Real Time Communications Featured Article

SAP Adds WebRTC to its Applications

June 10, 2014

In the world of customer relationship management (CRM) and field service, SAP continues to lead. The company is transforming its software into services and adding the social media depth that younger customers are expecting out of call center companies.




“Next generation customers are twenty-first century customers, all digital, all social,” said SAP Senior Vice President Nayaki Nayyar. “They connect with their vendors and service providers through various channels. When they call an agent, they expect the agent to know everything about them, all likes, dislikes, every interaction through the call center via Twitter, through Facebook. It doesn’t matter which channel, they expect the company to have a single view.”

Nayyar said this is a fundamental shift happening in the marketplace, defining CRM as a category into customer engagement. Companies such as T-Mobile listen to their customers on social media channels such as Twitter and Facebook.

“T-Mobile completely gets it and listens to its customers on social channels,” she said, “Every channel is complaining or praising them, they are right there. They’re very much into it and it impresses people, makes them not just a customer, but a fan.”

SAP’s next step is to use WebRTC to integrate click to call, click to video chat, and instant messaging into the CRM process. The company is participating on a WebRTC panel at GENBAND’s Perspectives 14 event in Orlando this week, so it’s a safe assumption that SAP is working with GENBAND’s WebRTC products.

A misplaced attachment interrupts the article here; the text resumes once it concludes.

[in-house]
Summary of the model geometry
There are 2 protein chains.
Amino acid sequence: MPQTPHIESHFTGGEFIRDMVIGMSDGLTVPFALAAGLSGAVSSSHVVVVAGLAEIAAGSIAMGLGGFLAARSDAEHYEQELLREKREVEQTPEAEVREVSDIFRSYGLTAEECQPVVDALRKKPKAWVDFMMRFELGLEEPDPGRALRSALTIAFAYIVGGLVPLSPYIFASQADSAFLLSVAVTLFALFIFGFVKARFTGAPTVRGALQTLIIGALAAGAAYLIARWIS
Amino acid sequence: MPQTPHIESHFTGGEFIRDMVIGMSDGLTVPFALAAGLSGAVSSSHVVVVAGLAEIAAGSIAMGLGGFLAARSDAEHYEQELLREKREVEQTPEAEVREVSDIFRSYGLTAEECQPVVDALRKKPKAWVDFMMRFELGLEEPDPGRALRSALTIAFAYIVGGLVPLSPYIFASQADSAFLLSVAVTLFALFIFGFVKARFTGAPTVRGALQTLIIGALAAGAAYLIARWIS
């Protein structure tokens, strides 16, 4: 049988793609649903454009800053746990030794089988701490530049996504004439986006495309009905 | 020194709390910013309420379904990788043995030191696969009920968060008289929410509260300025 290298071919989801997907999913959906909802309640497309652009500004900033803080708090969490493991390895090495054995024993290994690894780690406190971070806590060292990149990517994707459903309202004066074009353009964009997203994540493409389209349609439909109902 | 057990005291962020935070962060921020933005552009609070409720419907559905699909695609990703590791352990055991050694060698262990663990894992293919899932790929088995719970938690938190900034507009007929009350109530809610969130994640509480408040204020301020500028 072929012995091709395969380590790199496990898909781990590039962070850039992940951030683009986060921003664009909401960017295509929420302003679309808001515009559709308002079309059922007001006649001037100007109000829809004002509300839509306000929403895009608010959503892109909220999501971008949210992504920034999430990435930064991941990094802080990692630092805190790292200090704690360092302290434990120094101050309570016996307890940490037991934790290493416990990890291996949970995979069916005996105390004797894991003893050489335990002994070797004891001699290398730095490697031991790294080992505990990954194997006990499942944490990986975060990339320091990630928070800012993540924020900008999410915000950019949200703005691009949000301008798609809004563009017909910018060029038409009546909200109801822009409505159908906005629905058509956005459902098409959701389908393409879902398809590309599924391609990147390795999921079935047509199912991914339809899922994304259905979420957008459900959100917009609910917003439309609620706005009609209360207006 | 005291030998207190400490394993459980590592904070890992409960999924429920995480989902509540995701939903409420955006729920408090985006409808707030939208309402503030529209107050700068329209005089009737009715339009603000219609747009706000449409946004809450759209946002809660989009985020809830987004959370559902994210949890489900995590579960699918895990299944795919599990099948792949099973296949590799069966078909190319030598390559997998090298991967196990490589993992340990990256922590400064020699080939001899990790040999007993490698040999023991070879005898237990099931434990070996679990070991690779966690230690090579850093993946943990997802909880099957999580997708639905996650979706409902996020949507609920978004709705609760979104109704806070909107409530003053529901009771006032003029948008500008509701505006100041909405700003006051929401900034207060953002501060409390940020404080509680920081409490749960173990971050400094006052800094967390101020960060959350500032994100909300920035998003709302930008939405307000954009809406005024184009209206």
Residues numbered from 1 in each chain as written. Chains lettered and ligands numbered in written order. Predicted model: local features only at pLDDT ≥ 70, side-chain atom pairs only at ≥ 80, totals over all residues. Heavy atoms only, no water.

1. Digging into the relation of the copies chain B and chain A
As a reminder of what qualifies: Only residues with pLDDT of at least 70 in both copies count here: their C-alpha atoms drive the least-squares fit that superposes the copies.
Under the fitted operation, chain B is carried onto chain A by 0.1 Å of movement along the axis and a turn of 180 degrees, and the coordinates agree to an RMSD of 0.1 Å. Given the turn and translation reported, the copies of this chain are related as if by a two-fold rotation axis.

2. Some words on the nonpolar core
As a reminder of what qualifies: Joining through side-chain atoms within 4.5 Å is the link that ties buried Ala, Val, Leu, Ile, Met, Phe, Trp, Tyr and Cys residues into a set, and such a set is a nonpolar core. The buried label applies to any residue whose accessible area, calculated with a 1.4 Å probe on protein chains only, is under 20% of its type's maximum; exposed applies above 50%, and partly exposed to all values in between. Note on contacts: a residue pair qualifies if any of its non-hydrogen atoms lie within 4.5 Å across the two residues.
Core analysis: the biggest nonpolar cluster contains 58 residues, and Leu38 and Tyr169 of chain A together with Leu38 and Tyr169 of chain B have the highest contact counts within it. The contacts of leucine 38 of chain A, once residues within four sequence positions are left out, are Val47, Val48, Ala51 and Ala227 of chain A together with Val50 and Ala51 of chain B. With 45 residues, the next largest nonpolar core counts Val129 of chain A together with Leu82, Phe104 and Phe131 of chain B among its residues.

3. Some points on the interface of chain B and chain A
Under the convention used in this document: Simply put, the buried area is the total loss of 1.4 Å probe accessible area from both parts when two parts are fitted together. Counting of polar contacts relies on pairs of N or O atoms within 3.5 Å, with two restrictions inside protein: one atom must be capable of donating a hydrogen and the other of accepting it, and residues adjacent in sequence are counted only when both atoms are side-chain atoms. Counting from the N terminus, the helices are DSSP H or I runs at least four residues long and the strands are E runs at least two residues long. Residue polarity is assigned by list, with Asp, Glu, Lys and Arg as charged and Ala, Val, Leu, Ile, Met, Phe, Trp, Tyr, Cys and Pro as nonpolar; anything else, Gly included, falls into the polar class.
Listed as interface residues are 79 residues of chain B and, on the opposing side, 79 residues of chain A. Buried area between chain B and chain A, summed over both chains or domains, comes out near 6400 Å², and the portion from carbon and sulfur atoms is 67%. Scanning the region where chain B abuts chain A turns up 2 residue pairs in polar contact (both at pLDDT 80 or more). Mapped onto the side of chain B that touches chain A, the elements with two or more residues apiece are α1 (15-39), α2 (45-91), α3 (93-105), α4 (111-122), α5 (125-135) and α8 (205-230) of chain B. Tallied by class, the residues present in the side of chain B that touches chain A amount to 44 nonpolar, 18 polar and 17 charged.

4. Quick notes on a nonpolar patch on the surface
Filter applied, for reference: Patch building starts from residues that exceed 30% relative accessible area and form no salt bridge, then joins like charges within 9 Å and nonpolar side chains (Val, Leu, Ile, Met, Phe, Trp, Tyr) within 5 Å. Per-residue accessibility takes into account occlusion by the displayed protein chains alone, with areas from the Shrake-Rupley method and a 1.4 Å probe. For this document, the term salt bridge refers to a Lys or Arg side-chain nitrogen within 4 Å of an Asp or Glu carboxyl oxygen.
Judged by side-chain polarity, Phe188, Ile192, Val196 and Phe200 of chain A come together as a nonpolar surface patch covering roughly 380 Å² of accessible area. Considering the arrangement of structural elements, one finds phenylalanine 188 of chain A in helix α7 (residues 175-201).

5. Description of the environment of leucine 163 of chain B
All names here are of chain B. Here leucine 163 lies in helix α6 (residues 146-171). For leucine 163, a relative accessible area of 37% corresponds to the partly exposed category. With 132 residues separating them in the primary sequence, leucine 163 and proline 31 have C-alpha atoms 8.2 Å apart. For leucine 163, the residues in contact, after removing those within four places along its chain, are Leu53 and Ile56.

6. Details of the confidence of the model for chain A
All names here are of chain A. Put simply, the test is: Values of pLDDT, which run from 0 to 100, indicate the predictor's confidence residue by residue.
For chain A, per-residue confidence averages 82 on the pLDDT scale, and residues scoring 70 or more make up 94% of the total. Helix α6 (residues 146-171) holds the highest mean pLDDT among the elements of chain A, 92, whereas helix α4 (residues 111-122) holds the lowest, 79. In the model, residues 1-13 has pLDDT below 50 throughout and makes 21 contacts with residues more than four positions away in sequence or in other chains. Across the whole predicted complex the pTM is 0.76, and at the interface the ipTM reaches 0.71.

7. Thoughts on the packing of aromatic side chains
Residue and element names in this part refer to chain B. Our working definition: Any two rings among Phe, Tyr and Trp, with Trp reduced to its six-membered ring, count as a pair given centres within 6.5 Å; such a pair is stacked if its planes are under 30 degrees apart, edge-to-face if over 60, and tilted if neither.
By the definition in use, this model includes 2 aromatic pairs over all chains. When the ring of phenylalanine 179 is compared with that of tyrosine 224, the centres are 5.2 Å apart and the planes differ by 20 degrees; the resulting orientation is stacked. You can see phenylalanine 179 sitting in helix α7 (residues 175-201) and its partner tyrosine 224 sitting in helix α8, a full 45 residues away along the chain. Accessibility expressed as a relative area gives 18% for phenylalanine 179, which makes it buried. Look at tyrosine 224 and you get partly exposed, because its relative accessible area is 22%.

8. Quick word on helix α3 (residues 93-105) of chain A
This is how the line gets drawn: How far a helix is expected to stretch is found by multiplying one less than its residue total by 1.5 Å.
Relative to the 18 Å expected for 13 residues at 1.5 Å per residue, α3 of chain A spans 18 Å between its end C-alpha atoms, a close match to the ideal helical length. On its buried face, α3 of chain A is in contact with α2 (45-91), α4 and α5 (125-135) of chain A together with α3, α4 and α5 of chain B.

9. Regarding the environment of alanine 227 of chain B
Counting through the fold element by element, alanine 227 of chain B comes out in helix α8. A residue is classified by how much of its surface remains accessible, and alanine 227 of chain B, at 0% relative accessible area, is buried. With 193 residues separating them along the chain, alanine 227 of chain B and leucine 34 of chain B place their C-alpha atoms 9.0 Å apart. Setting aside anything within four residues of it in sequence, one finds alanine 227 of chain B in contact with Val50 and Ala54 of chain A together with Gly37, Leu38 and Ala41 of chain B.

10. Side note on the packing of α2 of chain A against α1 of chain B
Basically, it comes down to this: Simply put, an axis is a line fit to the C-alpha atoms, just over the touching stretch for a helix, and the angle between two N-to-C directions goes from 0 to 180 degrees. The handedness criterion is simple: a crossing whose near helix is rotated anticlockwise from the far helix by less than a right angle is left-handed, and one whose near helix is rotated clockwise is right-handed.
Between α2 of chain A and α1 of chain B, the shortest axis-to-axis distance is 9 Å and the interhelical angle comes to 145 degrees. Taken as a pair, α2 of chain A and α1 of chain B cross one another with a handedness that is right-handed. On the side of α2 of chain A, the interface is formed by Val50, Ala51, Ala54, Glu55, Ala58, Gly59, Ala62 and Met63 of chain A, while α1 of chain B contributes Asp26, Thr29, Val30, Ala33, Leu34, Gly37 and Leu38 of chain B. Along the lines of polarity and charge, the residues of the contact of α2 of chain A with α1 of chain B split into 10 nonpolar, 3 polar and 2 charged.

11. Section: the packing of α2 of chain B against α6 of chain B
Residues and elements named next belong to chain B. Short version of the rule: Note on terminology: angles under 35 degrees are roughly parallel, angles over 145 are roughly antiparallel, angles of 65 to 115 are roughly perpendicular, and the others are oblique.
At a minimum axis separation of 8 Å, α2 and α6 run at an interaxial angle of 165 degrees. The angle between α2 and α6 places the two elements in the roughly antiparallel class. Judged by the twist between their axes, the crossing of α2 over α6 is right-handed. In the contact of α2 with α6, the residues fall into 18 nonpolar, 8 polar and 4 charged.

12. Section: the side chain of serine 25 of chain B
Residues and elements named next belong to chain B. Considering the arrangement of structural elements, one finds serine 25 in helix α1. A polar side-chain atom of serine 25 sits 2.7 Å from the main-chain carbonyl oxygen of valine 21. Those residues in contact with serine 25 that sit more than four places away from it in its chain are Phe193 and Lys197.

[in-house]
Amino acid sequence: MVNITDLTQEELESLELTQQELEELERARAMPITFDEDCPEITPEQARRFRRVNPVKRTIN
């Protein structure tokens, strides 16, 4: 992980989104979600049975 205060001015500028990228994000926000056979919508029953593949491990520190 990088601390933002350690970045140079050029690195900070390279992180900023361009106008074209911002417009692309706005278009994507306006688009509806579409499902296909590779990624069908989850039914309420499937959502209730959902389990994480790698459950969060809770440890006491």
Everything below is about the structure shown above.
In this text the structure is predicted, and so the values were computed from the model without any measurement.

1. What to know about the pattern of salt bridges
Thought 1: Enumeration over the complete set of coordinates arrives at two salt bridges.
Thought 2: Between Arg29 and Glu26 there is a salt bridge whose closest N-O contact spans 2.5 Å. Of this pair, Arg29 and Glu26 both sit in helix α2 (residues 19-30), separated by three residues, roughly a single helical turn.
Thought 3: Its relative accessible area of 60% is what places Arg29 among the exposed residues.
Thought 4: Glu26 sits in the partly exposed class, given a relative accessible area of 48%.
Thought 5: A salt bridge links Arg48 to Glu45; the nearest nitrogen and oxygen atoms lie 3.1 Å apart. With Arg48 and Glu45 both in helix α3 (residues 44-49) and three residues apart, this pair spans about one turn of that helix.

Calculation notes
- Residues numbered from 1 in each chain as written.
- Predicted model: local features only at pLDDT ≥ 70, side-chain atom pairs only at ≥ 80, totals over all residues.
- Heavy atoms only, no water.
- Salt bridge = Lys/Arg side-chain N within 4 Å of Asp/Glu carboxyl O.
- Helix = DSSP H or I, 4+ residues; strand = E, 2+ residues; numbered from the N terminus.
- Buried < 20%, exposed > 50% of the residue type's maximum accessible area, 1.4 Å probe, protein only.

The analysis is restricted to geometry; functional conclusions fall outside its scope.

Integrating WebRTC into CRM adds another interactive layer between the customer and the call center, with the customer able to directly contact an agent via IM, voice, or video chat seamlessly through a Web page, rather than having to start up a separate client or pick up the phone to have a conversation.

SAP’s field service software is also getting a WebRTC boost. The basic field service software provides a database repository for all actions taken on a particular item – in this case, the “customer” is a piece of machinery. A full record of maintenance, including who and what was done to an item is kept on file, with additional help added thorough a 3D CAD graphic tool to illustrate how a particular piece or part needs to be replaced.

In case of difficulties, a technician can use WebRTC from the service page to call the dispatch office for assistance, opening up a video chat to provide a direct illustration of a problem. If necessary, subject matter experts can be brought into the discussion for consultation – think of it as Google Hangouts for fixing things.

“Field service is a mature and thriving business,” Nayyar stated. “We’re moving it into the cloud and making it available customers to access it from the cloud.”


Edited by Rory J. Thompson

Article comments powered by Disqus


Home
  Subscribe here for RTCW eNews